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  • Lea’s exercise is one of over ninety in The Practice of Poetry, a thoughtful collection that enlightens even the non-poets among us.

    Reading the greats is the best way to become a better writer. But there are so many books, and there’s so little time. In Learning to Write Fiction from the Masters, Conrad condenses the process, excerpting from the greats to illustrate the basic concepts of fiction.

    With chapters like “Getting Intimate with Readers” and “A Few Guidelines for Living Forever,” Sol Stein’s How to Grow a Novel covers the territory promised in its subtitle: “The Most Common Mistakes Writers Make and How to Overcome Them”

    One of my favorites in the Greywolf’s “The Art of” series in The Art of Subtext by Charles Baxter, with chapters on The Art of Staging, Digging the Subterranean, Unheard Melodies, Inflection, and Creating a Scene.

    David Vann’s Legend of a Suicide, winner of multiple awards, including the coveted Prix Etranger, for wonderful landscapes and a whole lot more. Yes, it’s dark. It’s also brilliant.

    Victoria Redel’s essay “How Do We Mean What We Do Not Say” is part of a remarkable collection of teachings from instructors in the Vermont College MFA program, Words Overflown by Stars. Companion essays include Fiction’s Reminiscent Narrators, Distance and Point of View, the Fictional “I,” Dreams and Writing Fiction, and The Wounds of Possibility.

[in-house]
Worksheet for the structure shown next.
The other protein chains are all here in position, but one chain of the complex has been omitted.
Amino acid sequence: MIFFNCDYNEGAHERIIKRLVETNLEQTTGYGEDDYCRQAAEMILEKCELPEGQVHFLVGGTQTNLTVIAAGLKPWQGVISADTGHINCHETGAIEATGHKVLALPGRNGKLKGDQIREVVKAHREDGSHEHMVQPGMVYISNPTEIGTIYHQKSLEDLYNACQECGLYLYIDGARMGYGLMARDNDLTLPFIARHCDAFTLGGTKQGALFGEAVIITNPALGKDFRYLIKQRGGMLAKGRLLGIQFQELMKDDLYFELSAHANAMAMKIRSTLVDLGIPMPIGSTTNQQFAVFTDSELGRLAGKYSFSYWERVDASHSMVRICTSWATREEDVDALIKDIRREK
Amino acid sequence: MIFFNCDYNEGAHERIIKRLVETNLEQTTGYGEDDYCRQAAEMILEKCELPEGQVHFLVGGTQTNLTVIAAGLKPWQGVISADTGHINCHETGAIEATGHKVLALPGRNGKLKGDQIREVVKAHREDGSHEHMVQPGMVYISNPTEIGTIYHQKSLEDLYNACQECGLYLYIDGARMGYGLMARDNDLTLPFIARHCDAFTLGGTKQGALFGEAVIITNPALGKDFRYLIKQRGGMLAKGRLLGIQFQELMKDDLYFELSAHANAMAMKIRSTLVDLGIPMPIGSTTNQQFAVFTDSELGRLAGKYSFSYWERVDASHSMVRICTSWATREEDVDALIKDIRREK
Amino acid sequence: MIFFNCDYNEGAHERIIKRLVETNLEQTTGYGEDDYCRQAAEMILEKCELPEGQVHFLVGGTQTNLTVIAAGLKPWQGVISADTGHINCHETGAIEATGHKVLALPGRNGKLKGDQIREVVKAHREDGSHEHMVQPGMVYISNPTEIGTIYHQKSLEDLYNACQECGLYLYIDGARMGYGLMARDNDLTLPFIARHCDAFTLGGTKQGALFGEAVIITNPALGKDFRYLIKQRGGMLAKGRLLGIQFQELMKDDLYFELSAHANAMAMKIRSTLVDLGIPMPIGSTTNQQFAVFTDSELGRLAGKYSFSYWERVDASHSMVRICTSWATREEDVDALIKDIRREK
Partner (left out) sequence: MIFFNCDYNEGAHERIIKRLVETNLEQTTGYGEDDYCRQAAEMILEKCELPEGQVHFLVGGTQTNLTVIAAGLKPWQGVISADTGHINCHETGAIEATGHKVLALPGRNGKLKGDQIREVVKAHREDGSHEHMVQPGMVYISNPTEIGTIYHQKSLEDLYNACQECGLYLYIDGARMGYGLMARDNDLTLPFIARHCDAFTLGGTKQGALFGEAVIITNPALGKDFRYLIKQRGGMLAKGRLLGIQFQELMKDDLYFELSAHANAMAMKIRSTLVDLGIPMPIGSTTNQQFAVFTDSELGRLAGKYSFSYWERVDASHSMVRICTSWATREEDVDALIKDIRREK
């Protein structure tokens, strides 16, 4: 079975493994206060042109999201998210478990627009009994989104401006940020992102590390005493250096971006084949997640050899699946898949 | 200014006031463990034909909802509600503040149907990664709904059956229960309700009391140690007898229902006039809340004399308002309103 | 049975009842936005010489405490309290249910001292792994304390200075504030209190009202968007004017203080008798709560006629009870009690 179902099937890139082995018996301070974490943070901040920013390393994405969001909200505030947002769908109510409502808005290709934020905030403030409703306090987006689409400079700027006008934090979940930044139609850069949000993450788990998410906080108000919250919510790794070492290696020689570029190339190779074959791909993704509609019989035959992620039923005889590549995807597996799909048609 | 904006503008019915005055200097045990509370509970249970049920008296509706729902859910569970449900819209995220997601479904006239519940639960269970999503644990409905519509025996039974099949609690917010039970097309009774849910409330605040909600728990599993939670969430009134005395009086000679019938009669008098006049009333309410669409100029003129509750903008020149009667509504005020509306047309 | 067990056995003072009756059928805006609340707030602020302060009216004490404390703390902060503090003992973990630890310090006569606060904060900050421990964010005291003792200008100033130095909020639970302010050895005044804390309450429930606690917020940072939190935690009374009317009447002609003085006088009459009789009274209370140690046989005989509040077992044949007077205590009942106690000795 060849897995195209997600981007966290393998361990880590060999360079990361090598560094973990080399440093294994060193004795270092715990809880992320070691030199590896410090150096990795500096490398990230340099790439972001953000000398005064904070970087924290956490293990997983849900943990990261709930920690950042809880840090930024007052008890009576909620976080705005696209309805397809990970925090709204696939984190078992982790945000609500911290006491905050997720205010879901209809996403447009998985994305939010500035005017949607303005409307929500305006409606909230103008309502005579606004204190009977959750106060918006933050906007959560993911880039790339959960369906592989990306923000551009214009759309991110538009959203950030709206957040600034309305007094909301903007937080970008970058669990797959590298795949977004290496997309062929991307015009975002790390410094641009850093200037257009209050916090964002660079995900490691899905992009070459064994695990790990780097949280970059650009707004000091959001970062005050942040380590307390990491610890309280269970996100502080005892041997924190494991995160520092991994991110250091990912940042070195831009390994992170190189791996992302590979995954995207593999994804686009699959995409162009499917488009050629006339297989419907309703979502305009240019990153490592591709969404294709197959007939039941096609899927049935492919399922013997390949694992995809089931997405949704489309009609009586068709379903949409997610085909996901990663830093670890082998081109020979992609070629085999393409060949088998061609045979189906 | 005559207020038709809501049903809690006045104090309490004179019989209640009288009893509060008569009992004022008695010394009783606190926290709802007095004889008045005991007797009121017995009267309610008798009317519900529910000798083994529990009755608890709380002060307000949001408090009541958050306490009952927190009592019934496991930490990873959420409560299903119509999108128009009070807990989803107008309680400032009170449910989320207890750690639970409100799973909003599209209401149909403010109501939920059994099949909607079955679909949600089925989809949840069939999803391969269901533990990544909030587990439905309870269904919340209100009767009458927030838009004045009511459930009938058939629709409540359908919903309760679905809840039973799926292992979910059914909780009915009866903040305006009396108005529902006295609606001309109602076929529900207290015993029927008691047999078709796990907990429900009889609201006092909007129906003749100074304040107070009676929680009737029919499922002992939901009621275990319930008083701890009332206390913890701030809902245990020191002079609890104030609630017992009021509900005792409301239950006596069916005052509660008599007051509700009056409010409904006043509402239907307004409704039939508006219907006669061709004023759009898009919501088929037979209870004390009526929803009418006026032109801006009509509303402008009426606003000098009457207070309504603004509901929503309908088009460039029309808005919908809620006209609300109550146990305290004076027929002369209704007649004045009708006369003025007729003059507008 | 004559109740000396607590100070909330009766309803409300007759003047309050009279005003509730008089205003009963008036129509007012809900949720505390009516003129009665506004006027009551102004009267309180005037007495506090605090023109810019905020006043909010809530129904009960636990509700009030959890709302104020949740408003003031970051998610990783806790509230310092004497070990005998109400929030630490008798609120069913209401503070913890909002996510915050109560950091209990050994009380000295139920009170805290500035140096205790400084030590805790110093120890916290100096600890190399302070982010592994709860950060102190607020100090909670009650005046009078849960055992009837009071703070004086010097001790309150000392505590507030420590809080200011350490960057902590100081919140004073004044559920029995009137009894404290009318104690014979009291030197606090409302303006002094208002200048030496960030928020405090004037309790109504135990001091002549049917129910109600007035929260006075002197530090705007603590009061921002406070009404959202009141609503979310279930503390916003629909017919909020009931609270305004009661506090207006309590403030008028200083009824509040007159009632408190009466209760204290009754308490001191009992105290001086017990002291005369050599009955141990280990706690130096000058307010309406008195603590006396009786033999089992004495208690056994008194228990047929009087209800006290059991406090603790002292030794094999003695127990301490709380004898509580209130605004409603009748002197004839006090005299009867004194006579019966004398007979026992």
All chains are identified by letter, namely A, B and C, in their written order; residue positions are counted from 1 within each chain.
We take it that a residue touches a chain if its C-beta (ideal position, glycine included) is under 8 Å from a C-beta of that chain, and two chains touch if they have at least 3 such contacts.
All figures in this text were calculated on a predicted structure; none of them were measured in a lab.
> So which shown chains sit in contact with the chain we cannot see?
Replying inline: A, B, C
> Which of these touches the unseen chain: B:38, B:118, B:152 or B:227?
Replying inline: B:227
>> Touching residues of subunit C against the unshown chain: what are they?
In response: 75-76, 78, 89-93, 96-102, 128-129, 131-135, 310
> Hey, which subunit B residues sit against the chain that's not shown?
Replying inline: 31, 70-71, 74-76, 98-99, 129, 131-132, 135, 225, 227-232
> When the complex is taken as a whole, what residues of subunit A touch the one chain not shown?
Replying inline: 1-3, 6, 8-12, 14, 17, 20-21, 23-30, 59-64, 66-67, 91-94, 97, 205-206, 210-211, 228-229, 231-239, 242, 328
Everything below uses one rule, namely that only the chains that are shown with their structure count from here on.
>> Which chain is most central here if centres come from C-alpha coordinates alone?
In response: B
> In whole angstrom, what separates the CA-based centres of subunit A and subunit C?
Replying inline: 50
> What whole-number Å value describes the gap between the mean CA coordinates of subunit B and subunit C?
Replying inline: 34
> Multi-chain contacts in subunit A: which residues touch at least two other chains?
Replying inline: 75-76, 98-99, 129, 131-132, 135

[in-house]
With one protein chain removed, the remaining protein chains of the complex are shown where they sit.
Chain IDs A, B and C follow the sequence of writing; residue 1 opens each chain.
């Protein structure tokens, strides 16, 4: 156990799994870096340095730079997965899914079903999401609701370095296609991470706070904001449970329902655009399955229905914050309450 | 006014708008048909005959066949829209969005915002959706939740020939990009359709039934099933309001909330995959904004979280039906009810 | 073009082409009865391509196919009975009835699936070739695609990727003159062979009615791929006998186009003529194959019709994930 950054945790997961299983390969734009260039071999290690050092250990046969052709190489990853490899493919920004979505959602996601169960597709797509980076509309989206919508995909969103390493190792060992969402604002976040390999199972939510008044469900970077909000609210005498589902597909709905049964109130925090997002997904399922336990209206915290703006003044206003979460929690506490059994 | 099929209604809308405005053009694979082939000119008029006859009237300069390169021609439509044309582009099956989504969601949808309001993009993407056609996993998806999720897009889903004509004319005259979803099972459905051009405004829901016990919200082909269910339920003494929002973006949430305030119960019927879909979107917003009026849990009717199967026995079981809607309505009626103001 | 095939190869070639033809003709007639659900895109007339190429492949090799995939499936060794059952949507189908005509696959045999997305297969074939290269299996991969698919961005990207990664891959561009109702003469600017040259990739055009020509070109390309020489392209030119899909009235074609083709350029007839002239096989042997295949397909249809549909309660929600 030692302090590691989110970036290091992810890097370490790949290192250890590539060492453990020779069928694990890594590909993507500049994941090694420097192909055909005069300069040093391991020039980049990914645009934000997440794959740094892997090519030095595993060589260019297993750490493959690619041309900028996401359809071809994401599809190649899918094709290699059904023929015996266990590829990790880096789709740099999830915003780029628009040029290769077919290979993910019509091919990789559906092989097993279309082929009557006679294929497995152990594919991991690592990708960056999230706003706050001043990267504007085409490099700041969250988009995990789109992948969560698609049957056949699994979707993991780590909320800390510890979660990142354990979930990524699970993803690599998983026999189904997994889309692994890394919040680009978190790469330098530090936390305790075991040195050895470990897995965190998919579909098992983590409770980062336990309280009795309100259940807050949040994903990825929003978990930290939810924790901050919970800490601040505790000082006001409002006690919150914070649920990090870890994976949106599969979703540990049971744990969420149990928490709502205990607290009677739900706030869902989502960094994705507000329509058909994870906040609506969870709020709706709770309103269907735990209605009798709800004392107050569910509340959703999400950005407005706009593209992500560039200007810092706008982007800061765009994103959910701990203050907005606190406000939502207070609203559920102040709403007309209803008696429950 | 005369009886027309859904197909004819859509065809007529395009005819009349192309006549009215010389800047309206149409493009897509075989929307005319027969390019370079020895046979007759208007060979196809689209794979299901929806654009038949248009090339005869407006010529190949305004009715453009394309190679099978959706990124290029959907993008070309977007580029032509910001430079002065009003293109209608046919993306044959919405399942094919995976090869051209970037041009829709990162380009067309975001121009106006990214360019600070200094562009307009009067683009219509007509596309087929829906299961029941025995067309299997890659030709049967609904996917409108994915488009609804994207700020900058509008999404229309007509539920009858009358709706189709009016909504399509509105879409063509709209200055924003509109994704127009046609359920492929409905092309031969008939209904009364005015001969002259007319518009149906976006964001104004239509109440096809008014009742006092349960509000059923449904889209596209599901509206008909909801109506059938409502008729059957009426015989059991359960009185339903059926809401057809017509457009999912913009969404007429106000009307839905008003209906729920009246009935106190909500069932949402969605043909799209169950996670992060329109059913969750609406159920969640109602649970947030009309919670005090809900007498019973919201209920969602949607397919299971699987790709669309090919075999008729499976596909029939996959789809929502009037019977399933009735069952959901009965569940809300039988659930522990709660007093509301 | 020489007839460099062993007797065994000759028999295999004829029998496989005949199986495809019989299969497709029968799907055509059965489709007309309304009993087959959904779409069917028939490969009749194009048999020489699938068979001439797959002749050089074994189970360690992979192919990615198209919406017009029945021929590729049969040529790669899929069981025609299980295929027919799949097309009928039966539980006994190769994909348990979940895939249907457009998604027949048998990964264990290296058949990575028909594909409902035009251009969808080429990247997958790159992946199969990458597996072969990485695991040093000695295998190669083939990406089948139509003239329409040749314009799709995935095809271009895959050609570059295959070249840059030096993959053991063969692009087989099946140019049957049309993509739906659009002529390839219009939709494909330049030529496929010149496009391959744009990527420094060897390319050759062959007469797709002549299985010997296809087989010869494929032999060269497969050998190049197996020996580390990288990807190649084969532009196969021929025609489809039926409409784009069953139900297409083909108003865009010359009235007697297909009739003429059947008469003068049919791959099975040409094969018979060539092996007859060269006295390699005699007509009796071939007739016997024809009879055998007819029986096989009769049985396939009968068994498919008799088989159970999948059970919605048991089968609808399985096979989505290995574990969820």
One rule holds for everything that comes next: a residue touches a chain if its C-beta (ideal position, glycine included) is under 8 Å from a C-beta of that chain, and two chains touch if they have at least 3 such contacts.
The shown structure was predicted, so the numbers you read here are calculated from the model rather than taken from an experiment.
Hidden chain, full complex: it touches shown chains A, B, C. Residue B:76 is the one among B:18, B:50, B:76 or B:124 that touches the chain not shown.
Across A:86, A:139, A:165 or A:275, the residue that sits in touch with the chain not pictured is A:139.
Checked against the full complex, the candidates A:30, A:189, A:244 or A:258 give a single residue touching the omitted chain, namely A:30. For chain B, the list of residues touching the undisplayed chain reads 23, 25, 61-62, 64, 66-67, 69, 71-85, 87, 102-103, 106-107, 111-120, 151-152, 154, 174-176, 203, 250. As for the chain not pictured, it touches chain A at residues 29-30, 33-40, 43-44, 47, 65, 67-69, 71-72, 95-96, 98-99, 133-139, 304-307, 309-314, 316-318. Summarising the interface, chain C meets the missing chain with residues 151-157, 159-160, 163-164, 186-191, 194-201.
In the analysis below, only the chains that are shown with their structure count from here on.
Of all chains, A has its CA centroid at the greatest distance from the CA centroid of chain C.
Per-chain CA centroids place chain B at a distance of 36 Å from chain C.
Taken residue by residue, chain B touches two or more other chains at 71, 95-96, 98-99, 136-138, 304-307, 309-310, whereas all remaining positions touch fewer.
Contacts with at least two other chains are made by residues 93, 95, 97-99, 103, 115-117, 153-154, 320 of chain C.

Writing the Memoir by Judith Barrington is a thorough, practical guide to all aspects of this popular genre. Even if you’re not writing memoir, her chapters on form, truth, time, and sensory images are insightful.
  • Media Bistro’s 49 Power Tips for Twitter
  • In Forest for the Trees: An Editor’s Advice to Writers, Betsy Lerner with wit and wisdom prods writers to an understanding of who they are, why they write, and how they can succeed. In the first half of the book, you’ll likely recognize yourself in at least one of the creative types Lerner profiles: Ambivalent, Natural, Wicked Child, Self-Promoter, and Neurotic. Armed with self-understanding, you’ll be primed for the second half of the book, on the business of getting published. 
  • As does Flannery O’Connor in Mystery and Manners, Madeleine L’Engle explores the spiritual side of writing in Walking on Water. In the foreward, Nicole Nordeman tells how L’Engle’s book lifted her out of a severe state of writer’s block by chipping away at the self-absorption that stymied her creative spirit.
  • Shunning formula and prescription Cindy Dyson in The Last Query walks writers through the process of generating a succinct and powerful query letter, including advice on special problems. She also shares her own successful query and synopsis for her novel And She Was along with the brainstorming that helped generate them.